EAMU for Cuprokylt provides timely control against fruit tree canker

Apple and pear growers have been advised to take advantage of the three-month emergency authorisation for Certis' fungicide Cuprokylt for use against Nectria canker.

Image: HW
Image: HW

The 120-day EAMU (Extension of Authorisation for Minor Use) was secured by AHDB Horticulture last month and lasts until 14 July.

"Cuprokylt is a very important product that protects new infection entry points at key times in the season," according to Hutchinson’s horticultural agronomist Rob Saunders.

"The climate in the UK means that our orchards experience high canker infection pressure, and the newer varieties like Gala and Kanzi have little resistance to the disease," he said.

"Nectria canker can be particularly damaging in young orchards, as when a canker lesion is present in the central stem, it results in the loss of the tree. Some young orchards have suffered losses of up to 10% of the trees per year."

Canker infections can become established firstly in early spring during bud break where bud scales fall, leaving a scar, and more significantly during autumn, when falling leaves result in thousands of leaf scars. Being so numerous, these two routes exceed both fruit picking scars and pruning wounds in importance.

"Being able to apply Cuprokylt on these entry points is really important for reducing the possibility of a new canker infection taking hold," Saunders said.

Cuprokylt is a protectant fungicide containing 50% w/w copper oxychloride in a wettable powder formulation. A 50m aquatic buffer zone which must be strictly adhered to when applying.

It has also been granted a 120-day emergency authorisation from 15 May for control of blight in potatoes.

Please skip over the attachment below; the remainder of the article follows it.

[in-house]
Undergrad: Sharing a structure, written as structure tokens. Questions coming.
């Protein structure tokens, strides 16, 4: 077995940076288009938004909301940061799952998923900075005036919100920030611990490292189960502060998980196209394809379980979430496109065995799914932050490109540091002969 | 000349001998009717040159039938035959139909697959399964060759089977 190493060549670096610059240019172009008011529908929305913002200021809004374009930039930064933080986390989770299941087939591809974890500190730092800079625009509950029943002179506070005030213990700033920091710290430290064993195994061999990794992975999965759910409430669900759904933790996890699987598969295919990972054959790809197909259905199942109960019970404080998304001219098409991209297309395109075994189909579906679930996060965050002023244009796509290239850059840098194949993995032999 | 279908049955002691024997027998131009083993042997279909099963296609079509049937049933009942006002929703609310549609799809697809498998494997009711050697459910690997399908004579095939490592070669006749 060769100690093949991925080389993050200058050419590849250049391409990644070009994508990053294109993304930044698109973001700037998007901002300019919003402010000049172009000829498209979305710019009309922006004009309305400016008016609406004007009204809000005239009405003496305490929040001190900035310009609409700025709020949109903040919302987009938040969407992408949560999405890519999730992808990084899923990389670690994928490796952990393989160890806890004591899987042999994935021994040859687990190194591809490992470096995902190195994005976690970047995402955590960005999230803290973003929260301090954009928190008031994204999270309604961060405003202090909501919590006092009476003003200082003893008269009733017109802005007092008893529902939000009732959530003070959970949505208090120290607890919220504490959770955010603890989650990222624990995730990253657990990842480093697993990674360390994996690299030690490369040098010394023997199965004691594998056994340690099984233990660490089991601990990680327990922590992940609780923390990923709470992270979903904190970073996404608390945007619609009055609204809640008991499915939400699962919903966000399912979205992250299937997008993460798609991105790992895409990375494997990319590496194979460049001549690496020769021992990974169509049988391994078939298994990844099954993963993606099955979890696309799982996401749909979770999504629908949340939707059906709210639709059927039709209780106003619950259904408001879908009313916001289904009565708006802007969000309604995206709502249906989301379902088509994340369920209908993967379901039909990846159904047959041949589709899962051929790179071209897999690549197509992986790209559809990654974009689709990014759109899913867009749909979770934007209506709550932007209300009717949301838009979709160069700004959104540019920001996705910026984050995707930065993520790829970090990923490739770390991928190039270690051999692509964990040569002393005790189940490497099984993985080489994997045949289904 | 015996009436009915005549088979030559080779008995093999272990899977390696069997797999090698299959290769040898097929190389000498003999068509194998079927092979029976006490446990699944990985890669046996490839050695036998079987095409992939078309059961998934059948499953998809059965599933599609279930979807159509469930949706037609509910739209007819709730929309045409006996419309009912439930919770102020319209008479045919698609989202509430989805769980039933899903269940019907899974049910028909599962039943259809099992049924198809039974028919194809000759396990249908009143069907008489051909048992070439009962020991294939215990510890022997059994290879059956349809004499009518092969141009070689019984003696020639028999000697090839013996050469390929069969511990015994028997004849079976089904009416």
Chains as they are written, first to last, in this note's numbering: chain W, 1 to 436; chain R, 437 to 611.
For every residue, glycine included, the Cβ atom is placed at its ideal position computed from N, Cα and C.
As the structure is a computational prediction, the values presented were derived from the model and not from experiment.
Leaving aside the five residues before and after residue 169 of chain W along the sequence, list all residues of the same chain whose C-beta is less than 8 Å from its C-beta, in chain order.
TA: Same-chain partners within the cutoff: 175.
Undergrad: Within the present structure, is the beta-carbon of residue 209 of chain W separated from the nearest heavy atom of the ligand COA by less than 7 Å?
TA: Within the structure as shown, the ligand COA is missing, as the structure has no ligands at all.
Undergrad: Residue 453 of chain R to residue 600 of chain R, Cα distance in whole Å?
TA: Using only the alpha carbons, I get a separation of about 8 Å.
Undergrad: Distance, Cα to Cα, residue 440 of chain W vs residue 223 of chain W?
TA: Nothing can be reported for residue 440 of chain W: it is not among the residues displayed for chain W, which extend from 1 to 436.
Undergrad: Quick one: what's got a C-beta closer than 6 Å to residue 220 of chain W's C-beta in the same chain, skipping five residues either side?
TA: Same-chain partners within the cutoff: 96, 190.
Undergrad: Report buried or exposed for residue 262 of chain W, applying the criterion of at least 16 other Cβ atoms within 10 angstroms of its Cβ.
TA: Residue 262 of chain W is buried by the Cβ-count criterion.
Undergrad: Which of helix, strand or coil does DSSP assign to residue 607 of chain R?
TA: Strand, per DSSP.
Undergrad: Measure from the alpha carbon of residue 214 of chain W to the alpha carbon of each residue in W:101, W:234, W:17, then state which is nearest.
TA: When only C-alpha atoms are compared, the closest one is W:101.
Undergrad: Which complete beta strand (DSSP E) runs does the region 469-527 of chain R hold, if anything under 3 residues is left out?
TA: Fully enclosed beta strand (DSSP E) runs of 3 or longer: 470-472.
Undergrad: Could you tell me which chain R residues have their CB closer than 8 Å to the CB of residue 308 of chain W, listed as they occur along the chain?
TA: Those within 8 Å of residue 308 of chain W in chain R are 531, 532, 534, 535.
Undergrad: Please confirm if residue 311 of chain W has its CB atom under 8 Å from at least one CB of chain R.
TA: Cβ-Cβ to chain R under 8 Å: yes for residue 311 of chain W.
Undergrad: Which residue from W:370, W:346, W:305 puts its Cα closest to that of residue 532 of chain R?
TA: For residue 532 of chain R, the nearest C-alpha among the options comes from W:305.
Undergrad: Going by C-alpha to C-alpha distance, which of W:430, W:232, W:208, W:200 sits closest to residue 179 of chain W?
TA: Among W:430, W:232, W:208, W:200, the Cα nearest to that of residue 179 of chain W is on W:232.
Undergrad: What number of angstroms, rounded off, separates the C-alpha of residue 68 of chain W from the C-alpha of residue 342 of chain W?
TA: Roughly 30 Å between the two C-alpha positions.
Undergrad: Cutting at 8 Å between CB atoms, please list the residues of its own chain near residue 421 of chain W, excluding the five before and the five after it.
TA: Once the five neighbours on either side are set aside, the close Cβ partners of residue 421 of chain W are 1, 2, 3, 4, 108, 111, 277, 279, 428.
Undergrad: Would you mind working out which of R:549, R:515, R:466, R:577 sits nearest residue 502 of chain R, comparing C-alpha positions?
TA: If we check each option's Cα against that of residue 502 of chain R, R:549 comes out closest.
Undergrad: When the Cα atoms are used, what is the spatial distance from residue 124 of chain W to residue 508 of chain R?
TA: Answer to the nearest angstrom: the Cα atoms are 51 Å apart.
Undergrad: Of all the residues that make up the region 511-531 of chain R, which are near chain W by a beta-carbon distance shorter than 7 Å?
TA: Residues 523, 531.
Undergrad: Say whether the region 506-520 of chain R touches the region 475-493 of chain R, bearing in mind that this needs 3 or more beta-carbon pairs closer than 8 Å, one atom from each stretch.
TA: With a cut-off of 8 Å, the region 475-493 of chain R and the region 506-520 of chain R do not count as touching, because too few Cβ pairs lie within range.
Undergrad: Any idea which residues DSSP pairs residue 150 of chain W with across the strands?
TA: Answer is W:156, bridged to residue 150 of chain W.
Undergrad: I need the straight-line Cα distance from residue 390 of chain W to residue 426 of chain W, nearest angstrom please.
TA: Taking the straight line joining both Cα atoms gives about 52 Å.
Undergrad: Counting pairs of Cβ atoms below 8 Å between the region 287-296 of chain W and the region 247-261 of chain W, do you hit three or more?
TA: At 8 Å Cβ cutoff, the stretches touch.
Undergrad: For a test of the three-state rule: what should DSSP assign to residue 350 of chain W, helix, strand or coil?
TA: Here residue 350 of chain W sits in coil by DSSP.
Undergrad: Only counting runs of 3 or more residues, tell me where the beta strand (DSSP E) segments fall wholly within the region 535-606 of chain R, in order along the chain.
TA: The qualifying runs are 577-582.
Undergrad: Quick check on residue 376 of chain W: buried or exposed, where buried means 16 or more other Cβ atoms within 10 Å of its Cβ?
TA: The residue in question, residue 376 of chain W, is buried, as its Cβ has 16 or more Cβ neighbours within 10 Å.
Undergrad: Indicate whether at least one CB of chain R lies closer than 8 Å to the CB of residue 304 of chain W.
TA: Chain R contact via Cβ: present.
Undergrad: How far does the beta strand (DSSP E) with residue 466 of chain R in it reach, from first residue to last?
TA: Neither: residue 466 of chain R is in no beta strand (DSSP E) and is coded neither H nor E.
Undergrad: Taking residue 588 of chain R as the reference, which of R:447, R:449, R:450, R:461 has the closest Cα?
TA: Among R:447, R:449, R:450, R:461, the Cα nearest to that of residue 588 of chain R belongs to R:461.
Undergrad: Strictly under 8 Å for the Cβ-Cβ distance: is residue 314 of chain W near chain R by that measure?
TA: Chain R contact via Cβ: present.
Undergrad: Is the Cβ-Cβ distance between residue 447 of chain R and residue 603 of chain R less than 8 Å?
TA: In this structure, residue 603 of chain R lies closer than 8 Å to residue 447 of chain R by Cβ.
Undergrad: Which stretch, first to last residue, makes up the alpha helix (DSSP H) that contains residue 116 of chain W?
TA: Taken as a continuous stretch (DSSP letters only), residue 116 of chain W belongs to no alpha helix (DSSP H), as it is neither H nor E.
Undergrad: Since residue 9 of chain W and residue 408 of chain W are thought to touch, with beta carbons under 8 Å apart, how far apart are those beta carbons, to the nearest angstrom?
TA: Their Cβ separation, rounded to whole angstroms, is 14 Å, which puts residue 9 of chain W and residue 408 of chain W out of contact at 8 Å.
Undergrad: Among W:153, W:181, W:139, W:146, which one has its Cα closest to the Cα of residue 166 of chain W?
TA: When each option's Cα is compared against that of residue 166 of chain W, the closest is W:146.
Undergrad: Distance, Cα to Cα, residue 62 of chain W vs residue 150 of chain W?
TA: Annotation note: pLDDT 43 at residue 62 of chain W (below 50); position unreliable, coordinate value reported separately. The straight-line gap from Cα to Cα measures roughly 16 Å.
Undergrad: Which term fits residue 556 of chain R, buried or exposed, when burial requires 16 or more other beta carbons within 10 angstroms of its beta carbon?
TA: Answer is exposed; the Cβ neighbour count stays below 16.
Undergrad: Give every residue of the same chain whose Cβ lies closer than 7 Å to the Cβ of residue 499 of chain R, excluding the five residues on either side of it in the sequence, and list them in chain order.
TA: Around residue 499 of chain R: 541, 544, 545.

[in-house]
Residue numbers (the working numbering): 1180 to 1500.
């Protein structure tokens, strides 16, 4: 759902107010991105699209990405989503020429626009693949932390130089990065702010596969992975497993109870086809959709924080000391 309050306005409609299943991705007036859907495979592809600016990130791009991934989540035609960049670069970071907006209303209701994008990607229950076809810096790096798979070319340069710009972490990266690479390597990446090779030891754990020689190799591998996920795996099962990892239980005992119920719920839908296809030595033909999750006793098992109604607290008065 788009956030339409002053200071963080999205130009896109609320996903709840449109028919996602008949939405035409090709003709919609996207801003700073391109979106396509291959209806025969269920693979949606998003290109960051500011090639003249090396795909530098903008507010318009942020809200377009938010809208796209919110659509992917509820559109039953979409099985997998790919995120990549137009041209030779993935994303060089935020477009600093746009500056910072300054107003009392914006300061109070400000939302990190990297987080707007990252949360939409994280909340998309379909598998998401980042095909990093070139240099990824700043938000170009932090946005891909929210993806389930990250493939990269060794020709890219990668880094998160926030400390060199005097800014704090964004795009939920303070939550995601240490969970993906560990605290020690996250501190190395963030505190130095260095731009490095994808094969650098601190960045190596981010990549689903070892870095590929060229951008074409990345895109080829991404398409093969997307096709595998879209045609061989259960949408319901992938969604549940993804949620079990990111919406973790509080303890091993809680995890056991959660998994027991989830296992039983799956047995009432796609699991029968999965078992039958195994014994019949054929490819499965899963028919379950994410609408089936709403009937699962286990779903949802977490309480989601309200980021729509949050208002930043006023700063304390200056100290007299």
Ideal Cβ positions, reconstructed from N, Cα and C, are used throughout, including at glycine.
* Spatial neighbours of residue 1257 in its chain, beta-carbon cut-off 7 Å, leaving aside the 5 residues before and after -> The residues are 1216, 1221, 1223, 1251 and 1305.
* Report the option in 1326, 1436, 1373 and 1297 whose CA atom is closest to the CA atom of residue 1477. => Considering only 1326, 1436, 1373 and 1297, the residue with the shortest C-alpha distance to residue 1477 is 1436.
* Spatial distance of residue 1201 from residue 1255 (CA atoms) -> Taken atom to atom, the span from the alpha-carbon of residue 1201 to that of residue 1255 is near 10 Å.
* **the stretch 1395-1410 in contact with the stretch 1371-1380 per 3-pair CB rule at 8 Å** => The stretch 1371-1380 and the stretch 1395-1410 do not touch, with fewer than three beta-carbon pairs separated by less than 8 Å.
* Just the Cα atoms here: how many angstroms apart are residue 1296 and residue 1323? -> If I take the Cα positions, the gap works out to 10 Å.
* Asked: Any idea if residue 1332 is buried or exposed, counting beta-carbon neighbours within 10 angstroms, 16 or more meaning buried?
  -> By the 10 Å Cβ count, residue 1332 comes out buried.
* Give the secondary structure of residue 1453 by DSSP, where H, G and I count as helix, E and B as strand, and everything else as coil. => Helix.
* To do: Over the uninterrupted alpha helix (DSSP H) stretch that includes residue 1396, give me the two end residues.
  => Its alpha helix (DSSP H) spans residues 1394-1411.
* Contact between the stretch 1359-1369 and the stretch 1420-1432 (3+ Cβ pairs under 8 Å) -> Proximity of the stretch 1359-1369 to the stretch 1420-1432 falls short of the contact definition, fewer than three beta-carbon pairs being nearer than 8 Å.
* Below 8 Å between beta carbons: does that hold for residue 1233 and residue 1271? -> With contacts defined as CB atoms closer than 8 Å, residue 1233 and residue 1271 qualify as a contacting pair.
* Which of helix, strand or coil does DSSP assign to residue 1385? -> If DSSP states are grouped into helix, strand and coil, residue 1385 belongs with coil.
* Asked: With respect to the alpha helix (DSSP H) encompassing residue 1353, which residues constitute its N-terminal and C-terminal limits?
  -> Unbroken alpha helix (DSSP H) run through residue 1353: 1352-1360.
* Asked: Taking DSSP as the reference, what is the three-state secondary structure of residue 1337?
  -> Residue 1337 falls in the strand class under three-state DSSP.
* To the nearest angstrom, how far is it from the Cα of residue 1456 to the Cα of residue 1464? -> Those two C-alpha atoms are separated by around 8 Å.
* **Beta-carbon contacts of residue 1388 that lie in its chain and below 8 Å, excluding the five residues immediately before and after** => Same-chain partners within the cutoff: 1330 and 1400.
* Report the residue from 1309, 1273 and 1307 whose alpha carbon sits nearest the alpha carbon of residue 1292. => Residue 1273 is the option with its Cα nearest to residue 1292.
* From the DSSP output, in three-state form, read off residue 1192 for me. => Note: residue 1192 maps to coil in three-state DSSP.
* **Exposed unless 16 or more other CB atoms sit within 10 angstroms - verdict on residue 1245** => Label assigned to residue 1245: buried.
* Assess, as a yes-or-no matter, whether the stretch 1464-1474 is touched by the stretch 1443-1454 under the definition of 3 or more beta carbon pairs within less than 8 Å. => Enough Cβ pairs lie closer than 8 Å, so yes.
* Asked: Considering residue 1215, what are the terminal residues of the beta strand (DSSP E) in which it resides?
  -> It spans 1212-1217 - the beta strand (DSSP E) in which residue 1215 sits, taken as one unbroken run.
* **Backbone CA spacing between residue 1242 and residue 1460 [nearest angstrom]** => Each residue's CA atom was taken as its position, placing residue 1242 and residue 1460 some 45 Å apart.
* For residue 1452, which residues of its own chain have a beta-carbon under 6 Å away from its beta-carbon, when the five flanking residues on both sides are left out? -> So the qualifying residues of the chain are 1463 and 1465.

Have you registered with us yet?

Register now to enjoy more articles and free email bulletins

Sign up now
Already registered?
Sign in

Before commenting please read our rules for commenting on articles.

If you see a comment you find offensive, you can flag it as inappropriate. In the top right-hand corner of an individual comment, you will see 'flag as inappropriate'. Clicking this prompts us to review the comment. For further information see our rules for commenting on articles.

comments powered by Disqus

Read These Next

What challenges and opportunities lie in store for tomato growers?

What challenges and opportunities lie in store for tomato growers?

The British Tomato Growers Association (TGA) conference today (21 September) heard a range of perspectives on what changes lie in store for the sector and how to anticipate them.

Buoyant demand for UK apples but frost and labour remain concerns

Buoyant demand for UK apples but frost and labour remain concerns

As the British apple season begins, English Apples & Pears (EAP) is warning that growers will feel the effects of both a late frost in spring and also constrained labour supply.

Tomorrow's tractors

Tomorrow's tractors

These machines have advanced rapidly over recent years but what does the future hold? Sally Drury looks ahead.

Follow us on:
  • Facebook
  • LinkedIn
  • Twitter
  • Google +
Horticulture Jobs
More Horticulture Jobs

Pest & Disease Tracker bulletin 

The latest pest and disease alerts, how to treat them, plus EAMU updates, sent direct to your inbox.

Sign up here

Professor Geoffrey Dixon

GreenGene International chair Geoff Dixon on the business of fresh produce production

Read Professor Geoffrey Dixon